Bubalus cebuensis
Cebu Tamaraw
An artist's illustration of a size comparison between a water buffalo, tamaraw along with a human compared to Bubalus cebuensis
Scientific classification
Kingdom: Animalia
Phylum: Chordata
Class: Mammalia
Order: Artiodactyla
Family: Bovidae
Subfamily: Bovinae
Tribe: Bovini
Genus: Bubalus
Species: B. cebuensis
Binomial name
Bubalus cebuensis
Croft, Heaney, Flynn, and Bautista, 2006

The Cebu tamaraw (Bubalus cebuensis[1]) is a fossil dwarf buffalo discovered in the Philippines, and first described in 2006.

Anatomy and Morphology[]

The most distinctive feature of B. cebuensis was its small size. Large contemporary domestic water buffalo stand two metres (roughly six ft) at the shoulder and can weigh up to one tonne (around 2,000 lbs), B. cebuensis would have stood only 75 cm (about 2 ft 6 in) and weighed about 150 to 160 kg (around 300 lbs), smaller than another dwarf species Bubalus mindorensis.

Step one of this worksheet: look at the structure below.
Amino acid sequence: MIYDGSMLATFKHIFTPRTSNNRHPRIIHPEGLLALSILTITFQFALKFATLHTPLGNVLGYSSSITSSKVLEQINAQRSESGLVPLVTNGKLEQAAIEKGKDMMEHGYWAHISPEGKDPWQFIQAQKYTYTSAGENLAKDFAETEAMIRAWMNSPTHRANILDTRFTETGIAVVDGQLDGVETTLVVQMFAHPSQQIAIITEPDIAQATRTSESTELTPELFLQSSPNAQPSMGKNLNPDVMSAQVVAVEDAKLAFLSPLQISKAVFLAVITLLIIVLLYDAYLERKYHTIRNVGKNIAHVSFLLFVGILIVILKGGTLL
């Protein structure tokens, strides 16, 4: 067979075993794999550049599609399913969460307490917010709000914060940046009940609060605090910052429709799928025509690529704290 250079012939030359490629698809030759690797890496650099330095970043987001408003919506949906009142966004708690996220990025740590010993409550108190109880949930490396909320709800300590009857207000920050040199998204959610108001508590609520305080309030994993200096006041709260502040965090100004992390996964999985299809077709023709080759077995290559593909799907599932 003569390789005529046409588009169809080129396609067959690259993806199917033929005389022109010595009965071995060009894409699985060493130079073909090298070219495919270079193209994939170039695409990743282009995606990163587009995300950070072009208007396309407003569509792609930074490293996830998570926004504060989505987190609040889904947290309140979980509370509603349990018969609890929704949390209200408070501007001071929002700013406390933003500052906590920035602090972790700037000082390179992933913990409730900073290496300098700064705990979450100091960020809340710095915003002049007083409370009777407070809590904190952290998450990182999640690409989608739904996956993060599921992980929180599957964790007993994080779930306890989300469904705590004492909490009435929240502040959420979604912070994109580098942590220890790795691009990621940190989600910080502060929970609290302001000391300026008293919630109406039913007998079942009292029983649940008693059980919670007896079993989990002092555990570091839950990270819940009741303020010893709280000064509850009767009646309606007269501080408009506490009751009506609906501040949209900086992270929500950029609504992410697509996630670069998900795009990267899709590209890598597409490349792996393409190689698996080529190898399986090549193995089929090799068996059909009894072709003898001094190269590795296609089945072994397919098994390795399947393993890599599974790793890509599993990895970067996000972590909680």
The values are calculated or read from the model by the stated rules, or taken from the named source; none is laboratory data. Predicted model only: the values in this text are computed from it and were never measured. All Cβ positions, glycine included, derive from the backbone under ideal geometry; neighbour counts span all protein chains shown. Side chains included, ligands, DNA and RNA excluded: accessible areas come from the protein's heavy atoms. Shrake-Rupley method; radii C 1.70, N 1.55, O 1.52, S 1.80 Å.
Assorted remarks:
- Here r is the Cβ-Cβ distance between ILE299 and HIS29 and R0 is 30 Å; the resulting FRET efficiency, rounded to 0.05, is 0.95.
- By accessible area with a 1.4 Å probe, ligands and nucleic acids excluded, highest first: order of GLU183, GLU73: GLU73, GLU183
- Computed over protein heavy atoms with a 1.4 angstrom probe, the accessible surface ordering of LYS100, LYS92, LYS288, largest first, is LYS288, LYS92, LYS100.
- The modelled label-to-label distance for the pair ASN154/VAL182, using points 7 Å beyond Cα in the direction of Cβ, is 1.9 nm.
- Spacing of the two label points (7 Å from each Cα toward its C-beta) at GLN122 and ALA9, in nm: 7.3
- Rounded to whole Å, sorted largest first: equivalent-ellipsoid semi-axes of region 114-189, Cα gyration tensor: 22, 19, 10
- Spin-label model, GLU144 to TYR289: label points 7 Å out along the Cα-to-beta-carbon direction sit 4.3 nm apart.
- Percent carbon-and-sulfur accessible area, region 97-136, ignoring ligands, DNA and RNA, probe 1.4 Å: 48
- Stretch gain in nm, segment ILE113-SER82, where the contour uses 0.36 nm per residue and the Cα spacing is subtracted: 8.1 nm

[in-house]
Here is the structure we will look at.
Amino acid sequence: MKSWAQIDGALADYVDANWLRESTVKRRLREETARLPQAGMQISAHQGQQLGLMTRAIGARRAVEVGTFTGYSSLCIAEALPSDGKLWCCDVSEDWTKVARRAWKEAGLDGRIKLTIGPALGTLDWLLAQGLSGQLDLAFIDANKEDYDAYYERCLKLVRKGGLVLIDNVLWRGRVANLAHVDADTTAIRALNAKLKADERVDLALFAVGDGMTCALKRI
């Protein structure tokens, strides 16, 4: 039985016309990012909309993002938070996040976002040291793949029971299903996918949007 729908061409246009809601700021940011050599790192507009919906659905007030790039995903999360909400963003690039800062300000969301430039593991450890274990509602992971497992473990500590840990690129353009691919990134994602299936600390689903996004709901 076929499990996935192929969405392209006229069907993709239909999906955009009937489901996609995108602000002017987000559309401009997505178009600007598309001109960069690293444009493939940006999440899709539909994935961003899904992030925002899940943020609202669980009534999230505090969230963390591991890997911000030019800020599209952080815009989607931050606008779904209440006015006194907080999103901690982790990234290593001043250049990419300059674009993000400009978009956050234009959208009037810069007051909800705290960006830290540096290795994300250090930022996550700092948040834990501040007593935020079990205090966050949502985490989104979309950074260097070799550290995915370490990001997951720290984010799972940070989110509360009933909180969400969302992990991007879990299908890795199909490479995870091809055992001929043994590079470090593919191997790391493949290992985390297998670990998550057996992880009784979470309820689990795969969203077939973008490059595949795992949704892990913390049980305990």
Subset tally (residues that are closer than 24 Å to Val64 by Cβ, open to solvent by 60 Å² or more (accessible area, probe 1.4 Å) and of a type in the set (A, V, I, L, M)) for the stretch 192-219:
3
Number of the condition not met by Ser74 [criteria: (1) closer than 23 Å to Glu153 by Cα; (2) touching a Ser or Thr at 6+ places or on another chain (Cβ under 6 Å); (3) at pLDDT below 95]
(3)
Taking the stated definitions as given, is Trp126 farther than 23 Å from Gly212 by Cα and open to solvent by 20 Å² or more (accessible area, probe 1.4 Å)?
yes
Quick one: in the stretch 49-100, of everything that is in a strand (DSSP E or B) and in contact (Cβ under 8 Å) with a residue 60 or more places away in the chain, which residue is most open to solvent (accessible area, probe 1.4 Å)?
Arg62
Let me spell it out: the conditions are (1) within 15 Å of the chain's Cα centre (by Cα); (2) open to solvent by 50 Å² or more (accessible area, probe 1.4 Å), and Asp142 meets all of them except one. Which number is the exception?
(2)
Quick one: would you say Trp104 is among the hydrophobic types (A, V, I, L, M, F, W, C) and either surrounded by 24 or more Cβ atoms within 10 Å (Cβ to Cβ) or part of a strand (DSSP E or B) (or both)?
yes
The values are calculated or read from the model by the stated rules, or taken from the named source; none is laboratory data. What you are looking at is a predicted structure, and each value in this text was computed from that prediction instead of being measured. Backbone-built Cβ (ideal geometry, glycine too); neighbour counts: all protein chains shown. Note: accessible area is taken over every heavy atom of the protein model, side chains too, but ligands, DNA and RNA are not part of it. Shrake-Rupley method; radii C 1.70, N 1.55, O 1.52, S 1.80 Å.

The fossil specimen is likely Pleistocene or Holocene in age.

Evolutionary History[]

The fossil was discovered in a horizontal tunnel in soft karst at approximately 50 m elevation in K-Hill near Balamban, Cebu Island, Philippines by mining engineer Michael Armas.[3] The fossil was donated to America's Field Museum where it stayed un-analysed for almost 50 years.

  1. Scientific names are italicized according to common ICZN writing practice